Apple still has a "spare" Steve available... though he's currently only a part-time employee and probably has no interest in becoming CEO.
But maybe he (Woz) can deliver keynotes? The fanbase will love him.
Think "Sex, Drugs and Rock'n'Roll". Well, drugs are probably not available and you're too young for Rock'n'Roll. So, that leaves just one thing...
You're right. Hadn't thought it through. A small antenna should be enough.
Anyway, making more local contacts is more interesting in this case anyway (for everything else: HAM sats are available and should work with a small, hendheld yagi)
That's why you probably wont need a big antenna. One of this mobile ones with the magnet on the bottom should be really enough.
May also take a few meters of cable, some solder and a soldering iron with you... if need be, you can put together a simple handheld yagi and call you beloved ones via HAM satellite. And that's what your internet connection comes into play: Spend a few minutes looking up the up-to-date comm passes. Even just listening in could be a very exiting experience for you and your shipmates.. with any luck, you might even make contact with the International Space Station (Callsign: NA1SS)
Check this http://spaceflight.nasa.gov/station/reference/radio/ and this http://www.issfanclub.com/taxonomy/term/6 out.
A paper journal also gives (at least) me more time to think about what i'm actually writing, because it's a much slower, more intense process than typing on a keyboard.
When you come home. you can always take the text you have written, put it into a text editor and expand on it before putting it on the web... (but: add the scans too!)
Get a HAM radio license and a portable radio (like the VX-7R or whatever works for you).
While you likely wont be able to make worldwide contacts (unless you bring a 30+ meter long antenna with you as well), you should be able to contact many people while you are near the shore.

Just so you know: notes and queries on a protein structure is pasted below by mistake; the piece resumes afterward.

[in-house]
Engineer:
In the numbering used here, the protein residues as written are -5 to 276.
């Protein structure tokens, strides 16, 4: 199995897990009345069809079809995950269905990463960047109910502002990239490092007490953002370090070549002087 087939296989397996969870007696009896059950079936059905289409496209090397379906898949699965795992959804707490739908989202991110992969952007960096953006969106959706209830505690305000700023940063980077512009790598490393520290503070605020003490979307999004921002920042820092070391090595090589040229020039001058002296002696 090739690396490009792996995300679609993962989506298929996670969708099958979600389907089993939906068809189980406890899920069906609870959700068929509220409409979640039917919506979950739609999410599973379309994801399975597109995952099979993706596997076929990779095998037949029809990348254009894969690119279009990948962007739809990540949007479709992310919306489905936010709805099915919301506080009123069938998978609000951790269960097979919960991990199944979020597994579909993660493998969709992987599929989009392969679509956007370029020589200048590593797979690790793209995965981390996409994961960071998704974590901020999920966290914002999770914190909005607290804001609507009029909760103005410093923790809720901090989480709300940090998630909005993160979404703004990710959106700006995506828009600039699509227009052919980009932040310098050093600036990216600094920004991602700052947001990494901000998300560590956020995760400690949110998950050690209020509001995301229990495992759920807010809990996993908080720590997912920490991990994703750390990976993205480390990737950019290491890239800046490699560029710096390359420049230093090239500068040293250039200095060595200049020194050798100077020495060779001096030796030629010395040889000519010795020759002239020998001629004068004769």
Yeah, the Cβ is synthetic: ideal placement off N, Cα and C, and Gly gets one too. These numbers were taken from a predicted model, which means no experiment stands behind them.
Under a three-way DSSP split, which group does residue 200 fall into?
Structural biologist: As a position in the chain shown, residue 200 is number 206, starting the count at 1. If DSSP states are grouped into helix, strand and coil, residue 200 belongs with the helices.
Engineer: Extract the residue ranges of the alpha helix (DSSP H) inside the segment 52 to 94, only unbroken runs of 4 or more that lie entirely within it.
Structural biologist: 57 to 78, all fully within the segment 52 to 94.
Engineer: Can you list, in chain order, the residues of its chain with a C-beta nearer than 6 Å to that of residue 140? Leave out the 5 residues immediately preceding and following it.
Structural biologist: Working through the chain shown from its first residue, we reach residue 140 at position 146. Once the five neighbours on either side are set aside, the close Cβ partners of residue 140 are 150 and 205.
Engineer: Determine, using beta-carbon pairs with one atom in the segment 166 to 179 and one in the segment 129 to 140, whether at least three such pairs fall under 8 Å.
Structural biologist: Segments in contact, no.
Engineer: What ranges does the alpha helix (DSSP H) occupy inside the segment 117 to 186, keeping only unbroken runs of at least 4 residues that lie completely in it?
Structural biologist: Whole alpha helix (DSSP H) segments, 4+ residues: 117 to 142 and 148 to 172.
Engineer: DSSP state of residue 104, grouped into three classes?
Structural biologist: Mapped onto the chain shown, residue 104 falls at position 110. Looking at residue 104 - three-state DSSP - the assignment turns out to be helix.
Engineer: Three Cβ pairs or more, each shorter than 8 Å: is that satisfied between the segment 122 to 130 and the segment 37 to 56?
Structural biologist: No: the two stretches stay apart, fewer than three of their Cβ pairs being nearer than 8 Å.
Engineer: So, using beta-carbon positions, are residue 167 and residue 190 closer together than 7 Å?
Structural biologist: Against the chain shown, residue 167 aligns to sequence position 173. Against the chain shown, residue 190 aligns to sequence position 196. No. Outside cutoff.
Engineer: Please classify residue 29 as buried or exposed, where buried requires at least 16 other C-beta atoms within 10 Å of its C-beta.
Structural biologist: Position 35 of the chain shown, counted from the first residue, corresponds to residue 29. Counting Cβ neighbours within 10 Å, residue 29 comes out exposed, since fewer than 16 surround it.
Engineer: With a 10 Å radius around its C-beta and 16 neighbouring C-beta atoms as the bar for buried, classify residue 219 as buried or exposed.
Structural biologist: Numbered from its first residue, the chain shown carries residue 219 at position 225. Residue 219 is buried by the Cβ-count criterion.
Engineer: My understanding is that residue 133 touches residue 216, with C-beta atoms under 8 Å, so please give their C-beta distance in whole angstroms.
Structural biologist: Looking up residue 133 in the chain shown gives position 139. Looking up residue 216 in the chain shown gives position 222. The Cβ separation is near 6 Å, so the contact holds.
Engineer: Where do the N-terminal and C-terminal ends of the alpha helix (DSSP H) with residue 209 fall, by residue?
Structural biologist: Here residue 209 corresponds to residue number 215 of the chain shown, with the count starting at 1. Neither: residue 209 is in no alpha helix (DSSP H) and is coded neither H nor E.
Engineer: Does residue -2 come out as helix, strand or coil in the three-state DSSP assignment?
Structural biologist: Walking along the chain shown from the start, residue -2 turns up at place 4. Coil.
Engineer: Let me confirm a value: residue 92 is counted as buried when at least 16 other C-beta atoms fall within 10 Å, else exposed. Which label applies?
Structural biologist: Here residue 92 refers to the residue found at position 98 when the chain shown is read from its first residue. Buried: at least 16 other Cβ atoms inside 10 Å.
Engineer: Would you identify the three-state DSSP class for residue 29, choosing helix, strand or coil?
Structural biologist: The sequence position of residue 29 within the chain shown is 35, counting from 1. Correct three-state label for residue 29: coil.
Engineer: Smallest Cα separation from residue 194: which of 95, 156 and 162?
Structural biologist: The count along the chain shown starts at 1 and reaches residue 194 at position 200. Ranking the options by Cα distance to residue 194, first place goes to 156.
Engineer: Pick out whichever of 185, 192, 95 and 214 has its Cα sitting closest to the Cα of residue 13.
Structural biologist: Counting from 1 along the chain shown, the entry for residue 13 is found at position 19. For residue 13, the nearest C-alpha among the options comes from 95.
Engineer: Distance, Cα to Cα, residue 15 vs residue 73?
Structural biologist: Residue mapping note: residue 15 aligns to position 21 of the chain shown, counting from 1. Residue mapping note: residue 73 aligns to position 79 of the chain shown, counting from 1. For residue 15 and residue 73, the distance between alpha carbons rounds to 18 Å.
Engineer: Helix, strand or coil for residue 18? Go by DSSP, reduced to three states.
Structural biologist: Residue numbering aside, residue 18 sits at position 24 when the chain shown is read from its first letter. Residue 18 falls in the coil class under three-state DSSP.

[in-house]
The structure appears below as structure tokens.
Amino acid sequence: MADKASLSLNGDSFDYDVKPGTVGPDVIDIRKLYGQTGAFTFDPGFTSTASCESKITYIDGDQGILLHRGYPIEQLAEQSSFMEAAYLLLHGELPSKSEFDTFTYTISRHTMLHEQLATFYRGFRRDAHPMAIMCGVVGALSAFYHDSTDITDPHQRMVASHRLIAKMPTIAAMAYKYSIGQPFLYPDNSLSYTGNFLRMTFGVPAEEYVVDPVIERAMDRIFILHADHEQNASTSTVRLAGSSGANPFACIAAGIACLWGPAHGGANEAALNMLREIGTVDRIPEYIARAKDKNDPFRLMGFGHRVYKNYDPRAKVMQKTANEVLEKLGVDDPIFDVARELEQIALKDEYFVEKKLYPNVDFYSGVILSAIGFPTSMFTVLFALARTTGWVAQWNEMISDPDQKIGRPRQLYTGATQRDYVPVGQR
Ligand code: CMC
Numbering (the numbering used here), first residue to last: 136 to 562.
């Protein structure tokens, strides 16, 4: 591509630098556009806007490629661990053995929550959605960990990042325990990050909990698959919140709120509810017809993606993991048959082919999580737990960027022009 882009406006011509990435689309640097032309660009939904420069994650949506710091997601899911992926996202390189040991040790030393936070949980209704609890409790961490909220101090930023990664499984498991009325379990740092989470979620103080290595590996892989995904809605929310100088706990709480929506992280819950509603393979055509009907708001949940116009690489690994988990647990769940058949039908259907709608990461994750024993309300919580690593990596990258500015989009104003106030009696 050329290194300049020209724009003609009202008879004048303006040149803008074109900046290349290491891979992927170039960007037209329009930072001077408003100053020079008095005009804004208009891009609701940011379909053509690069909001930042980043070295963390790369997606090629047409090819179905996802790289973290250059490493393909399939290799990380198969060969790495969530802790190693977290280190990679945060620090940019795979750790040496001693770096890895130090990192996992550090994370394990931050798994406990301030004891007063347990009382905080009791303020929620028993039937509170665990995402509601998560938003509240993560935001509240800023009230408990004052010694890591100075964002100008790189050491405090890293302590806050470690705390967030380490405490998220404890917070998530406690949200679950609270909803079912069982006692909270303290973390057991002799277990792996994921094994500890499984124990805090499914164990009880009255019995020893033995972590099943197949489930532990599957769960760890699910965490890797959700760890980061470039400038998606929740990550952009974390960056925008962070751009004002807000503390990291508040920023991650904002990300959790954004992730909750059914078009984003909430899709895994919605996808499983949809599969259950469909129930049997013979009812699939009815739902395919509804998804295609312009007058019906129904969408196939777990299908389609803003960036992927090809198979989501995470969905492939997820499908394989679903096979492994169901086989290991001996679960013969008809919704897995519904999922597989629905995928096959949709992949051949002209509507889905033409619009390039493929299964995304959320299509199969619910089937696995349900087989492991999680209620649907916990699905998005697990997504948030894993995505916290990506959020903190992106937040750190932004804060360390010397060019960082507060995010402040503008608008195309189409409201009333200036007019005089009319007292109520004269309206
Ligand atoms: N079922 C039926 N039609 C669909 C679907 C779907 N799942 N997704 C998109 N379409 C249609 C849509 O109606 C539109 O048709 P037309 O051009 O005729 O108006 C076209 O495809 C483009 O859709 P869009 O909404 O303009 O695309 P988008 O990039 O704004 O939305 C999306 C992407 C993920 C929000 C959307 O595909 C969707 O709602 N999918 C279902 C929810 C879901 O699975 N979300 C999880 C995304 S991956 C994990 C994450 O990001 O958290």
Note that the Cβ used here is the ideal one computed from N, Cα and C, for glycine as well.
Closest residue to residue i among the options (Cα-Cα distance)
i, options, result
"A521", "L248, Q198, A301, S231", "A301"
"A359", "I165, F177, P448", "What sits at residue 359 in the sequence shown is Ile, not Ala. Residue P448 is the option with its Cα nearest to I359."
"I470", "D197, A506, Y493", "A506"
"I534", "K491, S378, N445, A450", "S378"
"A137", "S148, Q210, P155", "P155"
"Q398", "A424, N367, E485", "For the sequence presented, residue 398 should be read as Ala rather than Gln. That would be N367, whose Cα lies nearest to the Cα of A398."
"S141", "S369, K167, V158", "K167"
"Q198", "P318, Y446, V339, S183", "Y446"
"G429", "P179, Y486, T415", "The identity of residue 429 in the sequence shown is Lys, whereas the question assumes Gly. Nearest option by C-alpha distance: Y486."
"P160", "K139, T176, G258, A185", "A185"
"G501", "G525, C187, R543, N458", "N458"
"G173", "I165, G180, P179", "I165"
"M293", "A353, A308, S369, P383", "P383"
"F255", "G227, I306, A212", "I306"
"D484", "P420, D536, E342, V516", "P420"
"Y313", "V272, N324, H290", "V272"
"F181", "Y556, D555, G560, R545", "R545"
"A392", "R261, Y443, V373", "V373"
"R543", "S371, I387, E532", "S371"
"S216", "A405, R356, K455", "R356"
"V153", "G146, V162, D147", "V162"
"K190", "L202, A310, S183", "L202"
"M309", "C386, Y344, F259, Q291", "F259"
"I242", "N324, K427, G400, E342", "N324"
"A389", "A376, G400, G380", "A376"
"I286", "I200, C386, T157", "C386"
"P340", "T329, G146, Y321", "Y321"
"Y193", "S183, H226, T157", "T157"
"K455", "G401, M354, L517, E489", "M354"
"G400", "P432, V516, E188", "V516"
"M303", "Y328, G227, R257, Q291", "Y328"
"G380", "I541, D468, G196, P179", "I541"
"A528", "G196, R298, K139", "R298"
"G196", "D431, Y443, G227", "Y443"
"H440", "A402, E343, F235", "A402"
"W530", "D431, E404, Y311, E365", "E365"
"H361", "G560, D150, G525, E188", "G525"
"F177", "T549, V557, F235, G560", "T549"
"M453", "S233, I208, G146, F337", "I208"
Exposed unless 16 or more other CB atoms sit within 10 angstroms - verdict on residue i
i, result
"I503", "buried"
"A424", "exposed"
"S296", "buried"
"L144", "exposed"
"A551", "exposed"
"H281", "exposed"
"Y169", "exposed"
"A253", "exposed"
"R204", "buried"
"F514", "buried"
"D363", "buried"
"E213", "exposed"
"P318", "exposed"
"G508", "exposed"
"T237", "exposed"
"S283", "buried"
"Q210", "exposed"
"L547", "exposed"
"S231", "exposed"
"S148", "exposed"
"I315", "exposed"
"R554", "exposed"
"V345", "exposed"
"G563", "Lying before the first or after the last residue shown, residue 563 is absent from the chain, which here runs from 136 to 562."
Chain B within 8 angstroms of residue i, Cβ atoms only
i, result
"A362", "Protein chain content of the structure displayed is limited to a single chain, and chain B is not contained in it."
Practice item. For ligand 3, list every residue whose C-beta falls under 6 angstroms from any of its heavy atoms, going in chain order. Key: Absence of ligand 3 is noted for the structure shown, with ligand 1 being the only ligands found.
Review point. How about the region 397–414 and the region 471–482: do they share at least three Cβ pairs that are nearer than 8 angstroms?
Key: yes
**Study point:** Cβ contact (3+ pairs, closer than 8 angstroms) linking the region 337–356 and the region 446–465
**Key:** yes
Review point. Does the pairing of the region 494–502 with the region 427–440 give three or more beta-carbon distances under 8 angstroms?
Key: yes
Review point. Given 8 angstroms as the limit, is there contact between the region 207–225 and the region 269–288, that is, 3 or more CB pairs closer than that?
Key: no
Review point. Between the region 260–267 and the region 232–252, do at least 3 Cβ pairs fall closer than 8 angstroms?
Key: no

Believe me, it's much more interesting than surfing the web. And in case of an emergency, you have some means of backup communication.
About blogging: Don't blog. At least not "online". If you really want to blog (a some sort of diary), do it offline but spend as little time as possible on it; just take quick notes. When the semester is over, take that notes, refine them into articles and release them part-by-part over some time. This way, you don't waste precious time of your semester AND you have much more leisure time to really release refined articles.
Put the BlinkenSisters Jump'n'Run on it:
I'll be glad to give support via email if required
...i hereby invite you to join our Jump'n'Run game project "BlinkenSisters". I think, participating in an already working project makes quite a lot of sense, because there's already a team that can help you out when you're stuck.
We do the core engine in C/C++ with the SDL library, use CMake as our *nix build system and also have (a few) Perl scripts around.
As for writing portable code: The game is supposed to run everywhere, my team and i can show you many pittfalls of non-portable programming (yeah, we done them all). We have a wide range of sub-projects: From enhancing the engine to scripting to writing new, small tools.
If you're interested, email us at:
team AT blinkensisters DOT org
A computer scientist is someone who fixes things that aren't broken.